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F-49 'Griffin' Air Superiority Fighter (MT)

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-West
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F-49 'Griffin' Air Superiority Fighter (MT)

Postby -West » Tue Feb 14, 2012 4:13 pm



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The Griffin fighter is a single-seat, twin-engine fifth-generation super manoeuvrable fighter aircraft, with emphasis on higher agility, stealth technology and higher range. The unit is also deemed to its capabilities in eliminating enemy aircraft at greater distances. Its primarily goal is to obtain air supremacy. The Griffin was designed by a consortium of two companies: Lance, and Faversham Aviation.

The development phase of the Griffin fighter started in the early stage of the 21st century as part of the Supreme Aerial Fighter (SAF) acquisition programme; which implies creating an advanced air superiority jetfighter designed to eliminate enemies’ aerial forces overseas with the use of advanced technological utilities for the Commonwealth of Britannia and the Republic of The West.
The SAF-programme started with as goal to develop an affordable stealth-aircraft before 2005. Due to constant returns to scale; The expected production of the Griffin Fighter will amend a huge amount of aircraft in both Reformed Britannia and the Western Republic. Simultaneously coping up with the criteria of the Royal Britannian Air Force (RBAF) and the Western Air Force (WAF). The Griffin Fighter by far exceeds the 4th generation fighters, and classifies itself as an 5th generation fighter.

Presently the appliance is designed in pursuit of replacing the retired Western and Britannian air superiority fighters. The Griffin fighter has the capabilities of coping up with sophisticated aircraft. Latest developments amongst The Griffin fighter increases sophistication and threat of hostile air forces and integrated air defence systems. With its balance of increased speed and range, enhanced offensive and defensive avionics and low observability or stealth, and its shorter takeoff and landing distances. The Griffin fighter has three additional variants: the R2, the EWC, and the carrier based NF.1 variant, slightly modified to their own specifications.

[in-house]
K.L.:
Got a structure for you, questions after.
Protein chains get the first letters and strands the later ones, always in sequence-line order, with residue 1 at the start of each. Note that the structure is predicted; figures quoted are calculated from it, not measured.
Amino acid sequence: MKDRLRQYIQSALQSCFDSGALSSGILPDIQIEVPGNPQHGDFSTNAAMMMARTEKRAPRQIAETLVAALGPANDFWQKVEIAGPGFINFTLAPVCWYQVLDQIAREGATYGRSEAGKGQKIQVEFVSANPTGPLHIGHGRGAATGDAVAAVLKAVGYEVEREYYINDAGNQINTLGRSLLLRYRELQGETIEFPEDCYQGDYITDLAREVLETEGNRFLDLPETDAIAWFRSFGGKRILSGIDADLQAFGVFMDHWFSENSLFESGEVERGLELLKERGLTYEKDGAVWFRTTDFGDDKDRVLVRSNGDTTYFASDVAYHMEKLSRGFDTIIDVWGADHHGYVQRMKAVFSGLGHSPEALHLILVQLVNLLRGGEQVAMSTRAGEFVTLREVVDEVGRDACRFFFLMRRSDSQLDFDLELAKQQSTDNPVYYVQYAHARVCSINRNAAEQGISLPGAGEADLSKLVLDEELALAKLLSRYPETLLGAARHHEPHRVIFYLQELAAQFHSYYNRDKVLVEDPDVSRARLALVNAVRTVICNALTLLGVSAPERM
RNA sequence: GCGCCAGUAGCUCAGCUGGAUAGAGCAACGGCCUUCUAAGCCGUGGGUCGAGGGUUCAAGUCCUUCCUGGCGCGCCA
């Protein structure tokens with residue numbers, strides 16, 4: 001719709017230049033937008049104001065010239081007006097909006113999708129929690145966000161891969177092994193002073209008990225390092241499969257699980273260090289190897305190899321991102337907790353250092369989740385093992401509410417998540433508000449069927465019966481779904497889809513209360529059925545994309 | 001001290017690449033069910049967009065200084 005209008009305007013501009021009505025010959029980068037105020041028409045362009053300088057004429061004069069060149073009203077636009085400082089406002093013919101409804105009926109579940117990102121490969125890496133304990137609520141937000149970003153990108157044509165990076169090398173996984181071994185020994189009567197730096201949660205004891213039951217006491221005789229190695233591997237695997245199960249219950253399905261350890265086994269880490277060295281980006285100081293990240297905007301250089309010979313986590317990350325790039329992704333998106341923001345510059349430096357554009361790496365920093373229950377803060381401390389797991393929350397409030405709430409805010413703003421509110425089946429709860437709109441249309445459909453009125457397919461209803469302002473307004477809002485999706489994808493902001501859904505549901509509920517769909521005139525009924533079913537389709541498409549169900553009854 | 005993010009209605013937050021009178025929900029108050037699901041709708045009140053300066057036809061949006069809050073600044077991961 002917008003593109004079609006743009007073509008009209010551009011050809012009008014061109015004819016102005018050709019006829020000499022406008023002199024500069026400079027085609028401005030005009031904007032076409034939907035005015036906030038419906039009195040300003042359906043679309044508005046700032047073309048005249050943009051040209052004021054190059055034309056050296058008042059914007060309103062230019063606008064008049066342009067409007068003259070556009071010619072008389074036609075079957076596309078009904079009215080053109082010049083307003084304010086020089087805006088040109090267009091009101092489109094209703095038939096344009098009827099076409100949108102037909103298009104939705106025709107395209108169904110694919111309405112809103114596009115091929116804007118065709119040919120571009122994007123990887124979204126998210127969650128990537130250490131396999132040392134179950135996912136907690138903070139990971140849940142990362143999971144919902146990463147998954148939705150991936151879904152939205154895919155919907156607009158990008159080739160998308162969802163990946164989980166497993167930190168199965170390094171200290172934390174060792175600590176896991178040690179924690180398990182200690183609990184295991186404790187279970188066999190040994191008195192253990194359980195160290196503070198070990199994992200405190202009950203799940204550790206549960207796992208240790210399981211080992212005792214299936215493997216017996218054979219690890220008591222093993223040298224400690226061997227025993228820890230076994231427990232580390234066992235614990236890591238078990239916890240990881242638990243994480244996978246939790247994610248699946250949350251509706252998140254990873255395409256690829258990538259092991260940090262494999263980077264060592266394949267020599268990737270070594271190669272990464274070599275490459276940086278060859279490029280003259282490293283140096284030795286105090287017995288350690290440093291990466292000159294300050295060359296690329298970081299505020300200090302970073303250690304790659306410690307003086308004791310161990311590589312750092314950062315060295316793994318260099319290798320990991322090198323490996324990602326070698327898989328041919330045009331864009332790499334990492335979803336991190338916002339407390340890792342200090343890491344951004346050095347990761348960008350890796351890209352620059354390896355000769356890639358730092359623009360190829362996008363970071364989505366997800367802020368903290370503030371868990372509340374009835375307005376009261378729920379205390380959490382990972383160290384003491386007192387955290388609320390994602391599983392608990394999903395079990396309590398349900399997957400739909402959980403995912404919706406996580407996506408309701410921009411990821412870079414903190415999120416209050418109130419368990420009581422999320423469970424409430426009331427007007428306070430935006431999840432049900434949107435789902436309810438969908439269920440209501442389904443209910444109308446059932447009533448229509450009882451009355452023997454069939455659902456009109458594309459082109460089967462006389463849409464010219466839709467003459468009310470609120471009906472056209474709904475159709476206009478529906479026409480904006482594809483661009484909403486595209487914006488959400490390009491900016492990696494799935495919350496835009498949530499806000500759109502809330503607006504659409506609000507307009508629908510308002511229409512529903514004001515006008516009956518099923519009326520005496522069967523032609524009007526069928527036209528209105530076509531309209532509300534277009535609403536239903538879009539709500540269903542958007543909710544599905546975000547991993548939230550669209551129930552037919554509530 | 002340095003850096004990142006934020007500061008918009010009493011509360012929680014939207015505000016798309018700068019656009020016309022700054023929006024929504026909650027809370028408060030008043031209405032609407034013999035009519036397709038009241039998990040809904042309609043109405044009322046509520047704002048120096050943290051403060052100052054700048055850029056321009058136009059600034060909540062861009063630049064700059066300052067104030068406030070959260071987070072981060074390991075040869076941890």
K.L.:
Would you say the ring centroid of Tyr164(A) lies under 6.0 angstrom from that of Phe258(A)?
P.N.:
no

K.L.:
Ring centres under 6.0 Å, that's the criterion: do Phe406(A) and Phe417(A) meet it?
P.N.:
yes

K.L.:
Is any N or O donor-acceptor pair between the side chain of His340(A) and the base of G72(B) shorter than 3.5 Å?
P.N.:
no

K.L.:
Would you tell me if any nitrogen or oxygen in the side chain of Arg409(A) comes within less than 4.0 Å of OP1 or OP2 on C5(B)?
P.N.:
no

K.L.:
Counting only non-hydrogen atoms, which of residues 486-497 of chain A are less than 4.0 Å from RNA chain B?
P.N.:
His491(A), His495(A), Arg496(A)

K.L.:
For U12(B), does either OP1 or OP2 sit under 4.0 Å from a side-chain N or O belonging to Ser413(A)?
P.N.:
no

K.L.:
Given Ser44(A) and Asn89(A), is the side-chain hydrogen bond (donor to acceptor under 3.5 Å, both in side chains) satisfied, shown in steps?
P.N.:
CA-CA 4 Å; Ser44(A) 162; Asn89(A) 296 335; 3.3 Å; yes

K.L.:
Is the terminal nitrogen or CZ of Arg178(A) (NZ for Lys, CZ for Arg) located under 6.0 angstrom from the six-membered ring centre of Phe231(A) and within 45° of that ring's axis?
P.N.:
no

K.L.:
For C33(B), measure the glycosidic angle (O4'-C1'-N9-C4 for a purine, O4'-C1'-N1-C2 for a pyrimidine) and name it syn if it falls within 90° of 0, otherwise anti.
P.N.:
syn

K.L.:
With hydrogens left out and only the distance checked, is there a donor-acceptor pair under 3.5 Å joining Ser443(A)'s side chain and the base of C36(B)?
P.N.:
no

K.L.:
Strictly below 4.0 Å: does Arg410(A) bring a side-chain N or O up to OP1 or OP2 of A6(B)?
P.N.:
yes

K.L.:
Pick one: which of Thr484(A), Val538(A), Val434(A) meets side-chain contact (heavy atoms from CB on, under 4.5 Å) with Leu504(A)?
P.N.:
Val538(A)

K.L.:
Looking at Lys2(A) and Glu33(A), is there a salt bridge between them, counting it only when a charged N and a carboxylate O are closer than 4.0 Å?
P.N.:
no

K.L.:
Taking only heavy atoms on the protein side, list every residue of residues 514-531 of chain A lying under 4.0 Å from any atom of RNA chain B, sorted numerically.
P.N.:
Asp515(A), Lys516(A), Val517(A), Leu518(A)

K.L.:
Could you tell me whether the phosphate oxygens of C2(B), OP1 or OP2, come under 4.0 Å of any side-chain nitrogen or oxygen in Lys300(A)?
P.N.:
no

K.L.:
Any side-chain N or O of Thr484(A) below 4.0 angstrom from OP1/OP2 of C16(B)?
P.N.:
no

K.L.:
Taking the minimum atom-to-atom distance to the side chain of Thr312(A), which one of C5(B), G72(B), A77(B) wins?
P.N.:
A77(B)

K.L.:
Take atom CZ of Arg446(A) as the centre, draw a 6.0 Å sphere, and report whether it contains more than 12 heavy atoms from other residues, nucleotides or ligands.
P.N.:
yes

Last edited by -West on Sun Apr 22, 2012 3:25 am, edited 17 times in total.

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Reformed Britannia
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Postby Reformed Britannia » Tue Feb 14, 2012 4:19 pm

Design



At the time of its inception, the Griffin was a fairly unconventional-looking aircraft. The Griffin was designed with a high-performance delta wing configuration and substantial area-ruling, both of which culminated to create an aircraft that had very low drag at supersonic speeds. To take advantage of this, a thrust vectoring system was also incorporated into the design, giving the Griffin a level of manoeuvrability unlike any Britannian fighter that had ever been made. Similar to the RA-33, steps were taken to try and limit the fighter's IR signature, although this undertaking was done much more effectively with the Griffin. The exhaust from the jet's engines flows through troughs lined with heat ablating tiles, which shields the exhaust from infrared missile detection.

The delta wings on the aircraft were an immediate choice due to their superior offerings of increased speed as well as a higher angle of attack. A cranked-arrow delta wing was chosen due to the fact that it would provide more control over lift than other delta wings,
The Griffin uses several other fifth generation fighter technologies to reduce its radar cross-section. Distinguishing features of the Griffin are the conformal weapons bays that replace the usual conformal fuel tanks to hold weapons internally, and the twin vertical tails slanted outward 15 degrees to reduce radar cross section. Weapons storage takes the place of most of each CWB fuel capacity. The Griffin also makes use of radar absorbent materials, most notably fiber-mat. Its surfaces are shaped to best defeat radars operating in the X and upper S band, which are typically found in fighters, surface-to-air missiles and their tracking radars.